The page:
He became a committed Buddhist at Pelican Bay in 2002 through a procedure called “taking refuge,” which involves choosing to take shelter in the protection and guidance of the Buddha, dharma (teachings of the Buddha) and sangha. It’s been a life-changing decision for the former Fresno gang member, who now says this about violence: “As a Buddhist, it’s something I avoid.” He practices seriously, performing three hours of meditation, chanting and prostrations daily. The once “hyper kid” who still has “problems with being jumpy” also said he’s found some peace.
Most of the men in the C Yard sangha are new to Buddhism, and Walton is eager for the other inmates to catch up as he continues to deepen his own study.
“Some of the most dedicated students are prisoners,” said Jinpa, who has given “refuge” to 10 inmates over the past few years. “They realize at this point in their lives that life is really precious. Through this practice, they can get their hearts back and wake up to who they are and why they’re on the planet.”
“There’s an honesty in the prison situation that cuts through delusion,” Hobart said. “Prisoners have no way to escape from themselves. Everything is stripped away. They have no power, no responsibility. They’re forced to create a life.”
The volunteers–who in their outside lives are financial executives, arborists, small-business owners, counselors, technical and public-relations specialists, and graphic designers–know their efforts are small. They reach only about 50 men in three groups at Folsom and Sacramento prisons. Even smaller on the grand scale: According to the most recent U.S. Bureau of Justice figures, federal and state prisons and local jails held nearly 2.2 million prisoners at the end of 2004. Given the small reach and the difficulties involved, why do it?
“It’s important to get out into the community and not just sit in our protected temples,” Jinpa said. “[Prisoners] have the same existential questions that we all do: how to get along with people, how to figure out what’s going on in our lives, how to get in touch with our hearts.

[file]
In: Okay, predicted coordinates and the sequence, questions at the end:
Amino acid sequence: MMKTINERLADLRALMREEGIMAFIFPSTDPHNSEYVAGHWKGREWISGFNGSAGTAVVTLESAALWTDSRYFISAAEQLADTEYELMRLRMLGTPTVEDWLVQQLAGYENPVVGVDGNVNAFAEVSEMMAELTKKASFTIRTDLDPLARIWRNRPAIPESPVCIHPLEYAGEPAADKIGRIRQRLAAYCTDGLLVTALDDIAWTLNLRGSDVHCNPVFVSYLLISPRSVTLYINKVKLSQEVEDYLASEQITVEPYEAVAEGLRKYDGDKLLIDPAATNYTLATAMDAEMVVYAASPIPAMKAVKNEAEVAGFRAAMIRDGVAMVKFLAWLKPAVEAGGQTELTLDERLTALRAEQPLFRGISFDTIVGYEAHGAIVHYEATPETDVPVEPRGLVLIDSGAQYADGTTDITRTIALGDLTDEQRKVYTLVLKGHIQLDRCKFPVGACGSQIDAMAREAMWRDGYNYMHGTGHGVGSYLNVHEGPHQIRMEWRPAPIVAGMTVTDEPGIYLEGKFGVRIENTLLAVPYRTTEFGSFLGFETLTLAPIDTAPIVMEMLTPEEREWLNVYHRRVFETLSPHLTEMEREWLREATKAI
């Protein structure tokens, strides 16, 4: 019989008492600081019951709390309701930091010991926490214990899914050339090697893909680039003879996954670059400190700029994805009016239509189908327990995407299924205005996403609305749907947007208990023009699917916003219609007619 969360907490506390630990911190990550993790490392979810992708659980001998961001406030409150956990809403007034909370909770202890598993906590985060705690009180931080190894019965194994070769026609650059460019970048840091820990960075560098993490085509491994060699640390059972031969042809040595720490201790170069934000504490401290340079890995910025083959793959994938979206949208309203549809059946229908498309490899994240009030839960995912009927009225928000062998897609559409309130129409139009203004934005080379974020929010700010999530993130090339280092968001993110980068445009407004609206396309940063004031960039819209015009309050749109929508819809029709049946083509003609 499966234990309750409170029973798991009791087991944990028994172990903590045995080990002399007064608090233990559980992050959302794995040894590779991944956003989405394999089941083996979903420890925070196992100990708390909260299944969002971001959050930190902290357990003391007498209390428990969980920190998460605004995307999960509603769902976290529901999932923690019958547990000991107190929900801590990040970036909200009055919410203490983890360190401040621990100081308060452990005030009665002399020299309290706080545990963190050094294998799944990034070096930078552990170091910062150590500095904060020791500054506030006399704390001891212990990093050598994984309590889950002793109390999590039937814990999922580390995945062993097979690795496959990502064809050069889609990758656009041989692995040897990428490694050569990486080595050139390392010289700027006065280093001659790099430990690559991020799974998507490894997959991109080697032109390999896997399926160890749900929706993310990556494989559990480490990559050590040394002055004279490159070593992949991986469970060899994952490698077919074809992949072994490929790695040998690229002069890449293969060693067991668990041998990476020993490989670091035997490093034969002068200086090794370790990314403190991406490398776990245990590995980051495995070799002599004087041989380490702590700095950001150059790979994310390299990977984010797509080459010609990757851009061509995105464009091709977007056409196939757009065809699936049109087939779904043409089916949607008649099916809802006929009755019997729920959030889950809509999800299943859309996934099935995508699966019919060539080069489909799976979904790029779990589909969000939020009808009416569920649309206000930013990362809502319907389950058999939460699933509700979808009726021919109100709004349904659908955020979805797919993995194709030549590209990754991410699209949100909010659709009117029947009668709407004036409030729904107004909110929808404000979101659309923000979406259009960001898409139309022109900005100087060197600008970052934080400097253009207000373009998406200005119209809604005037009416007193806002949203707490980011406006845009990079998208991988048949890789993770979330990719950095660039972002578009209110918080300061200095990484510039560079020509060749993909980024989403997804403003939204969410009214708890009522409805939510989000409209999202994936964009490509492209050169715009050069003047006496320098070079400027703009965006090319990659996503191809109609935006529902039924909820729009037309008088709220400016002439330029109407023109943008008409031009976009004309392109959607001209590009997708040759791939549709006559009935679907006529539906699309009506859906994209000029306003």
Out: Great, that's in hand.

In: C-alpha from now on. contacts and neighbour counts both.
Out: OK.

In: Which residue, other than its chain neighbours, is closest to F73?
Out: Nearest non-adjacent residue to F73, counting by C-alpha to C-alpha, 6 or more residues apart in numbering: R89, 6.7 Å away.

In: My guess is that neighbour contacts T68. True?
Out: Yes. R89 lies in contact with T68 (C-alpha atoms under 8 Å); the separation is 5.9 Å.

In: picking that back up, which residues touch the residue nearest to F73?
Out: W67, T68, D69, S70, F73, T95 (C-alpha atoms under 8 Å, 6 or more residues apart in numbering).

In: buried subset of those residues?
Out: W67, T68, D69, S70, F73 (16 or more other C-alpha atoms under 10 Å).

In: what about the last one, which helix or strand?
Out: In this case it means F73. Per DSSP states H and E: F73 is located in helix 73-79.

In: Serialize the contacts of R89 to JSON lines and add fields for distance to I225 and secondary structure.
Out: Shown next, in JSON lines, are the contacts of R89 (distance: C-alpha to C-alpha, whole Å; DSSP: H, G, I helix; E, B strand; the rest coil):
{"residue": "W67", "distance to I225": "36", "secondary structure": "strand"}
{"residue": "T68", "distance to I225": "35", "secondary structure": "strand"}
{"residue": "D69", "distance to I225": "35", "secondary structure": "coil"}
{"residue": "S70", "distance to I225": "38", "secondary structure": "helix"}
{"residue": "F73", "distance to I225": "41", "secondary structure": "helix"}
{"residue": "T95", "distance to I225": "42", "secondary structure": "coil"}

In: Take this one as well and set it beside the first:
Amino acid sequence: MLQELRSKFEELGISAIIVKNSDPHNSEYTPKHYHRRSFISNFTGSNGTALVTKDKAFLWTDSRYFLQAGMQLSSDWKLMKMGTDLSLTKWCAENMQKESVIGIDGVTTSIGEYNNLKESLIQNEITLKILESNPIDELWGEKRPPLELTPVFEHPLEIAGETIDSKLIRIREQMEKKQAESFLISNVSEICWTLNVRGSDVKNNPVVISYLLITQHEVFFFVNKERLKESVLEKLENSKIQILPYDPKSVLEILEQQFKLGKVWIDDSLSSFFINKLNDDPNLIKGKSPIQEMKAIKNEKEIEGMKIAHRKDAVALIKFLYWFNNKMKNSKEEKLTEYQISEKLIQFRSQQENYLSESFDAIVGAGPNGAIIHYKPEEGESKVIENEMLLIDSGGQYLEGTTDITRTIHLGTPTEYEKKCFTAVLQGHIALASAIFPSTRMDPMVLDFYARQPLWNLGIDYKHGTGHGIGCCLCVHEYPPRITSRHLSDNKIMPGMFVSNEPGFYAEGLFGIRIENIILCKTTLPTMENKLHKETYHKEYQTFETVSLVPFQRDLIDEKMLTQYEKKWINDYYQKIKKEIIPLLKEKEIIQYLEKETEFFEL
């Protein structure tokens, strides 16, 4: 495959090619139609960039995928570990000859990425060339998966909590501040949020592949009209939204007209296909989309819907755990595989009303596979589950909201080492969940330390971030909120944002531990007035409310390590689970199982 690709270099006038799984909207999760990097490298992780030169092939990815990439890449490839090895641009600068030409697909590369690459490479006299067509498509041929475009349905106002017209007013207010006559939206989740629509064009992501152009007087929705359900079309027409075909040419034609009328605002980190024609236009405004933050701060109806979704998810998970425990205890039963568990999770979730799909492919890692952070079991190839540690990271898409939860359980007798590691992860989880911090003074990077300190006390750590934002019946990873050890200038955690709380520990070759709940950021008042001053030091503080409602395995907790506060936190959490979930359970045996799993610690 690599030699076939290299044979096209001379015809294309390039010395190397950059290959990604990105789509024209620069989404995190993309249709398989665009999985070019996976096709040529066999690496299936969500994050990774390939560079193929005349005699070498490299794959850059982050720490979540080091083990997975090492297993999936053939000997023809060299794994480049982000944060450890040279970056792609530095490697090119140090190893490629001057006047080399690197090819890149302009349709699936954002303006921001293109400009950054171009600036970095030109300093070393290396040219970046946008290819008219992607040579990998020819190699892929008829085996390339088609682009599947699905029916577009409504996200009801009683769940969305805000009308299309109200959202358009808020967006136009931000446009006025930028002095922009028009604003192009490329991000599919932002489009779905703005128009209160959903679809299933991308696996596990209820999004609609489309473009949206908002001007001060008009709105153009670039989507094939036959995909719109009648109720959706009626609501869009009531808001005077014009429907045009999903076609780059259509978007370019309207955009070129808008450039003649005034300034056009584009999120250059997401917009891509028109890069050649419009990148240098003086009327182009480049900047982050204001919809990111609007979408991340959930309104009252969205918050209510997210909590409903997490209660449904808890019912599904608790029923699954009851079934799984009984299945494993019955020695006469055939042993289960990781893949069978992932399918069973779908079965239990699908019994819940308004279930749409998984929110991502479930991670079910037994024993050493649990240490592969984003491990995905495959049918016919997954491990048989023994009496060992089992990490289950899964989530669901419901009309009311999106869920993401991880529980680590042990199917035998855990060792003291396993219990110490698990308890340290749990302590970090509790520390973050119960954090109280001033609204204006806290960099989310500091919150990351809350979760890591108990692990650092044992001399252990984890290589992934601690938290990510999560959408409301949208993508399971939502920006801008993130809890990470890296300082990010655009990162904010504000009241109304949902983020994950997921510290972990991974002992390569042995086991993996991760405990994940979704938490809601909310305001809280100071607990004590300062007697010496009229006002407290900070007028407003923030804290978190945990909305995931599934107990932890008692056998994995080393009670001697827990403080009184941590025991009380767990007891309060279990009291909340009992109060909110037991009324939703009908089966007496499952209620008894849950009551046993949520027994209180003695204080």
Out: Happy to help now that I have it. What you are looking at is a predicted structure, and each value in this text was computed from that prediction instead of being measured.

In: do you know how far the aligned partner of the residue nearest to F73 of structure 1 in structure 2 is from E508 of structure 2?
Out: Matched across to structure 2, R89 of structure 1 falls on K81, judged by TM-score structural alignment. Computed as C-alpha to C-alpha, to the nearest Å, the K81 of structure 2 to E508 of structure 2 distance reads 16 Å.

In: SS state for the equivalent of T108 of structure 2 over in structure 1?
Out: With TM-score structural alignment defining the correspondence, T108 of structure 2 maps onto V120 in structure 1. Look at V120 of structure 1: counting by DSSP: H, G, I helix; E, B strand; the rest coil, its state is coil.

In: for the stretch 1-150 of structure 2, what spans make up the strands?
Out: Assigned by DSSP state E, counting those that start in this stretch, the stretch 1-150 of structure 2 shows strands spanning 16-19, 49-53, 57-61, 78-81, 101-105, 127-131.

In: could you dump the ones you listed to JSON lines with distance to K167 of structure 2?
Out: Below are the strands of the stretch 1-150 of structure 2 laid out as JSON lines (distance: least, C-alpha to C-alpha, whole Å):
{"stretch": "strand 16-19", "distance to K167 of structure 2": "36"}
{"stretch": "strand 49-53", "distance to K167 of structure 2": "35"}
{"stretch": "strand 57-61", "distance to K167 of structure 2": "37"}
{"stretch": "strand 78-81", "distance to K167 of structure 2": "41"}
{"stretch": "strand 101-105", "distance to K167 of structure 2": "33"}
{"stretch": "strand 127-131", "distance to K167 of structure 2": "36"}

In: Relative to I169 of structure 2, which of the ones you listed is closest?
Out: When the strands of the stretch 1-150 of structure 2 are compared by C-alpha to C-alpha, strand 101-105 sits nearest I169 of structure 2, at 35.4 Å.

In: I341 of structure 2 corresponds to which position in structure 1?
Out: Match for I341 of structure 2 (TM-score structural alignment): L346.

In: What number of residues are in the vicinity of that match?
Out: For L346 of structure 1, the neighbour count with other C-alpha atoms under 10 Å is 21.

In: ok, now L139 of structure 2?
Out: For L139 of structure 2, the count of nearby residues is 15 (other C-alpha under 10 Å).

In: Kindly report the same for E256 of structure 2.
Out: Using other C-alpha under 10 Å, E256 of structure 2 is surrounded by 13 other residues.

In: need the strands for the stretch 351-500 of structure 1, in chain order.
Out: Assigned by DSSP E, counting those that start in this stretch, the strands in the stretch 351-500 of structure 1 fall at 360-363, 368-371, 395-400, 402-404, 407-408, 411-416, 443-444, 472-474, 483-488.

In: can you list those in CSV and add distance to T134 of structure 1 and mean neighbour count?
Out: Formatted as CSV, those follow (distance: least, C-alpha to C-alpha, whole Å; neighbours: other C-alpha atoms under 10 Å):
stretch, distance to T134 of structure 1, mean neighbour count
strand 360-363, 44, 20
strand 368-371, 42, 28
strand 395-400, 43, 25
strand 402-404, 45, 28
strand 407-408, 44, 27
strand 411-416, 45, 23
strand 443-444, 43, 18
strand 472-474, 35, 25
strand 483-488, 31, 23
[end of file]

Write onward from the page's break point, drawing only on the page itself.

“The hard part is not getting frustrated and giving up,” Jinpa said. “Prison is the end of the blame game–it’s the failure of society. The whole system needs our loving kindness.”
The volunteers all say they’ve learned a lot from the prisoners. Without exception, they’re humbled and inspired by the men’s commitment.
“It’s a constant source of inspiration,” said Cynthia Embree-Lavoie, controller of a human-services agency and a two-year volunteer. “Sometimes when I get lazy, I think of the men trying to find a way to meditate in an environment that’s really not conducive to it.
“Also, I’ve learned a humility in a way,” she said. “I can only begin to imagine what their lives are like in prison and before that.”
When the prisoners ask Asahi, who studied as a monk in Japan before being ordained, for advice on staying focused amid the pandemonium of prison life, he tells the men, “Consider that you’re not living in prison. Consider that you’re living in a monastery.
“In the monastery, if you want to sleep, you can’t. If you want good food, you can’t have it. It’s the same in prison. You don’t have a choice,” he said, giggling lightheartedly in a way that’s characteristic of monks. “The men all laugh. [But] later they come up to me and say, ‘Hey, I’m in a monastery.’
“It’s totally up to the individual. Depending on how you set your mind, your life changes. You create peace from within. You create happiness from within. Even with physical limitations, you can free your mind.”